Q&A: Talking Transparency with Kathy Armstrong and Elizabeth Paal Goss, Heritage Financial Consultants
April 18, 2019
During the month of March, Graymake Consulting focused on leaders who aren’t afraid to be transparent. Both financial consultants at Heritage Financial Consultants, mom and daughter duo Kathy Armstrong and Elizabeth R. Paal Goss were interviewed as they embody the characteristics Graymake believes in; straightforward, supportive and knowledgeable leaders.
This unstoppable duo relies on transparency and open communication to ensure both their happiness and that of their clients.

Anne Hilb: What is the mission of your organization?

Kathy Armstrong & Elizabeth Paal Goss: In a changing, uncertain world, our mission to provide clarity and a roadmap to our clients to help them achieve financial independence.

AH: What is the vision?

KA & EPG: Our vision is to be recognized as the premier financial planning and investment advisor team serving high net worth individuals in the mid-Atlantic region.

What are the values?

  • Experience
  • Integrity
  • Responsiveness

How would you define “transparency?”

Transparency is the act of operating openly in all business actions, including communication and accountability.

Screenshot 2019-03-26 at 9.54.18 AM.png

 of people are likely to give a business a second chance after a bad experience–and stick by it during a crisis–if it has a history of being transparent, according to a study by Sprout Social.

How does this value relate to your work?

We embrace transparency both within our team and with our clients.  It’s extremely important for our clients to understand every action that we recommend for their situation – what it is, why we are recommending it, and how it will likely impact their situation going forward.  We spend quite a bit of time, one-on-one, with clients explaining these proposed actions, along with on-going reviews of the impact to their situation.


Regarding our team, we have built a culture of mutual respect and trust.  Our team meets together at least weekly to discuss all aspects of our financial planning practice, reflecting on short-term as well as long-term needs and planning.  We have cross-trained so that we can cover for another team member, if they are unavailable. We also engage in off-site activities to help us grow as a team. These activities might include 3-day planning retreats (annually), community service, or just simple fun events such as paint nights or attending polo matches together.

It’s not always the task at hand that challenges teams in their progress, it’s the relationships and the little things that happen day-to-day. / The Balance Careers

Does transparency effect the way you two work together as partners?

It would be impossible for us to operate effectively without being completely transparent with each other.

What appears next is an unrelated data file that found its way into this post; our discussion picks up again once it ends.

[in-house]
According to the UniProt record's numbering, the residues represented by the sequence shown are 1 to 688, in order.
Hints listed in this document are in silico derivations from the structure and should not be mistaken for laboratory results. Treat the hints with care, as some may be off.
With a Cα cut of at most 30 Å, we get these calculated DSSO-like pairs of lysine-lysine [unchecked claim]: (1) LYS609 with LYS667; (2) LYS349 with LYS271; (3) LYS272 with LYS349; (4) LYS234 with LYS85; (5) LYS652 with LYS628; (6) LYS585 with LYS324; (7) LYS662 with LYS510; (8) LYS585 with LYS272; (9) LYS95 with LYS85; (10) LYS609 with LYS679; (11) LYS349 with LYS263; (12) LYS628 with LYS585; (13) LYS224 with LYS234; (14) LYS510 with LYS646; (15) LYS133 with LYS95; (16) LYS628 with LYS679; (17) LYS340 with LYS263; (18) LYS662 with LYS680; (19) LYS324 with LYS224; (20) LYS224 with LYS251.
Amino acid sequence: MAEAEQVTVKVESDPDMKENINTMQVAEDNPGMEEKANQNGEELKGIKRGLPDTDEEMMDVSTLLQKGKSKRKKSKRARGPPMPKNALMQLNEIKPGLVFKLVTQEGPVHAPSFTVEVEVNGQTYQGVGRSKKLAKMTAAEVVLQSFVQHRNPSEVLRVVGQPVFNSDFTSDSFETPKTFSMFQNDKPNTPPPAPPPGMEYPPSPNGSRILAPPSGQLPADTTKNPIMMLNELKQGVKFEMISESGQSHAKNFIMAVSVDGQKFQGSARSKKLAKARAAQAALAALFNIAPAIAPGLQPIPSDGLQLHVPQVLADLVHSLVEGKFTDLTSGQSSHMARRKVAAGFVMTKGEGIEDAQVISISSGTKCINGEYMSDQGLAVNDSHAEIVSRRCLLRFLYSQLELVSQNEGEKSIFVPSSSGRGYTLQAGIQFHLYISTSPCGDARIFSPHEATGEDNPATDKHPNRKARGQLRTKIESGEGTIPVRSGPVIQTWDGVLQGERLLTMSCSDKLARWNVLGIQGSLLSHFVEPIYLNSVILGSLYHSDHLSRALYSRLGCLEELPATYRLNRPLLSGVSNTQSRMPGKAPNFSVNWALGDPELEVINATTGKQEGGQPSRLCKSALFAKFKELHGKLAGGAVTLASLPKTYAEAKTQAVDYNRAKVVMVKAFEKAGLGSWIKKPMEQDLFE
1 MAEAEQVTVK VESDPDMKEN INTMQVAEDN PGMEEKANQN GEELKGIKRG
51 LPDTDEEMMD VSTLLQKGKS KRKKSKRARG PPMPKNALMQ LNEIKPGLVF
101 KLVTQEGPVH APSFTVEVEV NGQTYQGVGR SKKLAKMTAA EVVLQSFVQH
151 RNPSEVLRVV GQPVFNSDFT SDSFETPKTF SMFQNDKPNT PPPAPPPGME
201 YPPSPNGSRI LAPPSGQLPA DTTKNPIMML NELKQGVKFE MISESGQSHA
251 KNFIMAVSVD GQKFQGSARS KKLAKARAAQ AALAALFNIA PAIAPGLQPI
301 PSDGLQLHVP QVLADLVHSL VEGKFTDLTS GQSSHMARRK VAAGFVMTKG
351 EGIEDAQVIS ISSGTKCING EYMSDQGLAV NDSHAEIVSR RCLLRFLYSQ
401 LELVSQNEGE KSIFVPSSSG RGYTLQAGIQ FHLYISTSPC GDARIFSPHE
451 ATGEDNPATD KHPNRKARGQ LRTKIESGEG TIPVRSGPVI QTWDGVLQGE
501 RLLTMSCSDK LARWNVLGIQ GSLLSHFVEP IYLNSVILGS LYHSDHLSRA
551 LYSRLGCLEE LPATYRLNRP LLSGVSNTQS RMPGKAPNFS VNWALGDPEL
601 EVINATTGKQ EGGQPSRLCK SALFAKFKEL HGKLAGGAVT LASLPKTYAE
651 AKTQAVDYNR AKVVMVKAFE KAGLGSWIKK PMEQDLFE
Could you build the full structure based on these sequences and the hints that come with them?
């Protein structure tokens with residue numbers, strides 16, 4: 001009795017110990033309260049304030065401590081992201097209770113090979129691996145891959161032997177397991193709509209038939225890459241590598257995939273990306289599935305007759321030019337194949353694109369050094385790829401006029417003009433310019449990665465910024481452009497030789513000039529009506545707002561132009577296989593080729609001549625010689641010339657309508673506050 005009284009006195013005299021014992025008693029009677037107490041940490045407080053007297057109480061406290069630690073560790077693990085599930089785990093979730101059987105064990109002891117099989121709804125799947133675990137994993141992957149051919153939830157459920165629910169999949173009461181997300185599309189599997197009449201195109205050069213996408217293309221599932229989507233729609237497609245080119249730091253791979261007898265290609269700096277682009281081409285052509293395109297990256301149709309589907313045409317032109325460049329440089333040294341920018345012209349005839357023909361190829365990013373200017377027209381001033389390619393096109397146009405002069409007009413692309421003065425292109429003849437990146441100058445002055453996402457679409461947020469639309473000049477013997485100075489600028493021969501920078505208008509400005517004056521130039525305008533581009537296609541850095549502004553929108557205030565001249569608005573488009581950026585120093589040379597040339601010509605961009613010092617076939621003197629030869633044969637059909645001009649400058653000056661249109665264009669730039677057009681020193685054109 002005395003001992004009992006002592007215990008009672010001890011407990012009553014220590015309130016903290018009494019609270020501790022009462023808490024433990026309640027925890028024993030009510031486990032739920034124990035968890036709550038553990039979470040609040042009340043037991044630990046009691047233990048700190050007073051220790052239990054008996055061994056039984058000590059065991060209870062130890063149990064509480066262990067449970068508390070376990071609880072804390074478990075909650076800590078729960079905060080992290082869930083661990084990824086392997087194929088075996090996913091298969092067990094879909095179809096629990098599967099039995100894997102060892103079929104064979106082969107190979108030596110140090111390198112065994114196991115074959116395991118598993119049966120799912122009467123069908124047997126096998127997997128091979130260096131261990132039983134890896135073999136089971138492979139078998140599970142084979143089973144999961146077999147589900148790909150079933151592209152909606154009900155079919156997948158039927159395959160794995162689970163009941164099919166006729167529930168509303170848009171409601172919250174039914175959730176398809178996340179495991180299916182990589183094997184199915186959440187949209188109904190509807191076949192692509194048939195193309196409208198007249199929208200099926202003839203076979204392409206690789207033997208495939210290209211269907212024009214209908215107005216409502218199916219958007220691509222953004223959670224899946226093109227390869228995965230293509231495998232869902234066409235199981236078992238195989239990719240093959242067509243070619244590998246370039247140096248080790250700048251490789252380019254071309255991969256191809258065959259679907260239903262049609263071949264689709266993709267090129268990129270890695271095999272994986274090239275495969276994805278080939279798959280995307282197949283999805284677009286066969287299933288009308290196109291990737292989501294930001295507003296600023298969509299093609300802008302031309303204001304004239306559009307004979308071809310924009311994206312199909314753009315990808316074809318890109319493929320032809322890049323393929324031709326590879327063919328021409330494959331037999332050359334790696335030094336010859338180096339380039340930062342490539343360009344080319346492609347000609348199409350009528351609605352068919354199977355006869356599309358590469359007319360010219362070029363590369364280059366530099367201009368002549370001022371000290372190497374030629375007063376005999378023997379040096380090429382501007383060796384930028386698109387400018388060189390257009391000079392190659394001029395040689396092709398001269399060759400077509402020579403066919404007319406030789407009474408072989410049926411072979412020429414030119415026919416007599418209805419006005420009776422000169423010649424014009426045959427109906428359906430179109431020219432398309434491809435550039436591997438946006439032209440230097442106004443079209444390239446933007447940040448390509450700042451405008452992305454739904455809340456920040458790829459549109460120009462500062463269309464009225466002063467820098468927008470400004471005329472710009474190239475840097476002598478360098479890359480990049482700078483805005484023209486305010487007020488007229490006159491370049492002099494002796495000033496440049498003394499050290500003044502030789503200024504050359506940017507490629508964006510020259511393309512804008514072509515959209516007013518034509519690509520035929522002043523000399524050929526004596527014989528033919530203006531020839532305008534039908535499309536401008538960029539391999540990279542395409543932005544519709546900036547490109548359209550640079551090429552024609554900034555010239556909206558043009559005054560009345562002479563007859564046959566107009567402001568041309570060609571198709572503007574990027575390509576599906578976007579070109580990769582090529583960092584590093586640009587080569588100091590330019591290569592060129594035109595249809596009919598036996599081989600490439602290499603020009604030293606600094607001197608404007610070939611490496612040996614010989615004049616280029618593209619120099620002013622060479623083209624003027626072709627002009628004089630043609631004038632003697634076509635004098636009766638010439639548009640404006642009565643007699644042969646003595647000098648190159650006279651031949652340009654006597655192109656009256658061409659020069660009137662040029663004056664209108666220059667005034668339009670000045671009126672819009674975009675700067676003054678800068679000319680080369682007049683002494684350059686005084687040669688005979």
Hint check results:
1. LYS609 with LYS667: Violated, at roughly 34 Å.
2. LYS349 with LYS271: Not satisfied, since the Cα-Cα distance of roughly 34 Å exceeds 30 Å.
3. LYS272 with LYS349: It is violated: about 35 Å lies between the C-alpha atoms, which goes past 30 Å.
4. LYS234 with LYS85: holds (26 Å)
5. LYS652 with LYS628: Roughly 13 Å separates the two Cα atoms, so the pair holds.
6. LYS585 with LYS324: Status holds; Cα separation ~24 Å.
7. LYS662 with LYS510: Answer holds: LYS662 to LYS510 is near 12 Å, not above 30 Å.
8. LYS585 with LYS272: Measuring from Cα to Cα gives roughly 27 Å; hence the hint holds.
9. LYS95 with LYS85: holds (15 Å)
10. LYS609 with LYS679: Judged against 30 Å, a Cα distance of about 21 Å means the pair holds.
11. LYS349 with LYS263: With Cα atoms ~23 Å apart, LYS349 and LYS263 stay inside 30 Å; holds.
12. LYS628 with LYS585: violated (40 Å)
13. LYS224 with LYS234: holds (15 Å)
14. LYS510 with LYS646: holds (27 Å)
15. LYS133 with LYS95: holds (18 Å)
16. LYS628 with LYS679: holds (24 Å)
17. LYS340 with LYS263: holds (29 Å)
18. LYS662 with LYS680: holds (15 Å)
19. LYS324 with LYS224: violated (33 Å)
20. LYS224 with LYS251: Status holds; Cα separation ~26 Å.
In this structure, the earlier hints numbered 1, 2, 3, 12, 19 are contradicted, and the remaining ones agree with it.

How about in the way you maintain relationships with your clients?

Our clients demand and deserve to receive total transparency with our advice.  This requires clear communication in terms of investment programs recommended, fees incurred, and time expectations.  Likewise, we also expect full transparency from our clients, meaning that we need to have a good understanding of their goals and any road-blocks that are anticipated.  We also need to know if there are any issues that are of particular importance to them.

If businesses take on themselves to keep the customer informed of the good (and bad) changes, they’d win their customers’ trust easily and foster great relationships with them. / Dynamic Infoline

What role do you see transparency play in both the hard skills you must perform, but also in the soft skills?

Although the approach of hard skills vs. soft skills may seem quite different, they both must be approached with total transparency.

For example, if a client has difficulty spending less than their income, it would be critical to have a heart-to-heart dialogue about the impact to their financial situation if that behavior continues.  The hard skills would include reviewing budget spreadsheets and cash flow projections; the soft skills would include empathy, coaching, and providing supplemental resources, etc.

But the transparency still remains.

What are some of the most common patterns you see happen to people who do not value transparency? (This could be referring to clients or to other business leaders)

The most noticeable pattern that I see when there’s no transparency is a lack of trust.  A relationship lacking trust is sub-par, at best.

IMG_3309Is there something surprising folks may not guess, or very few people know, about the two of you that you would like to share?

Most people know that we are a mother-daughter team.  What they might not know is that we think alike, we both embrace our values, and we have tons of fun working together.  (not to mention a daily lunch buddy)

Probably just a coincidence, but both of our husbands are named Don and we both are avid dog lovers, sharing pictures with friends and family to compete for the title “Cutest Dog Ever.” TBD on who is in the lead.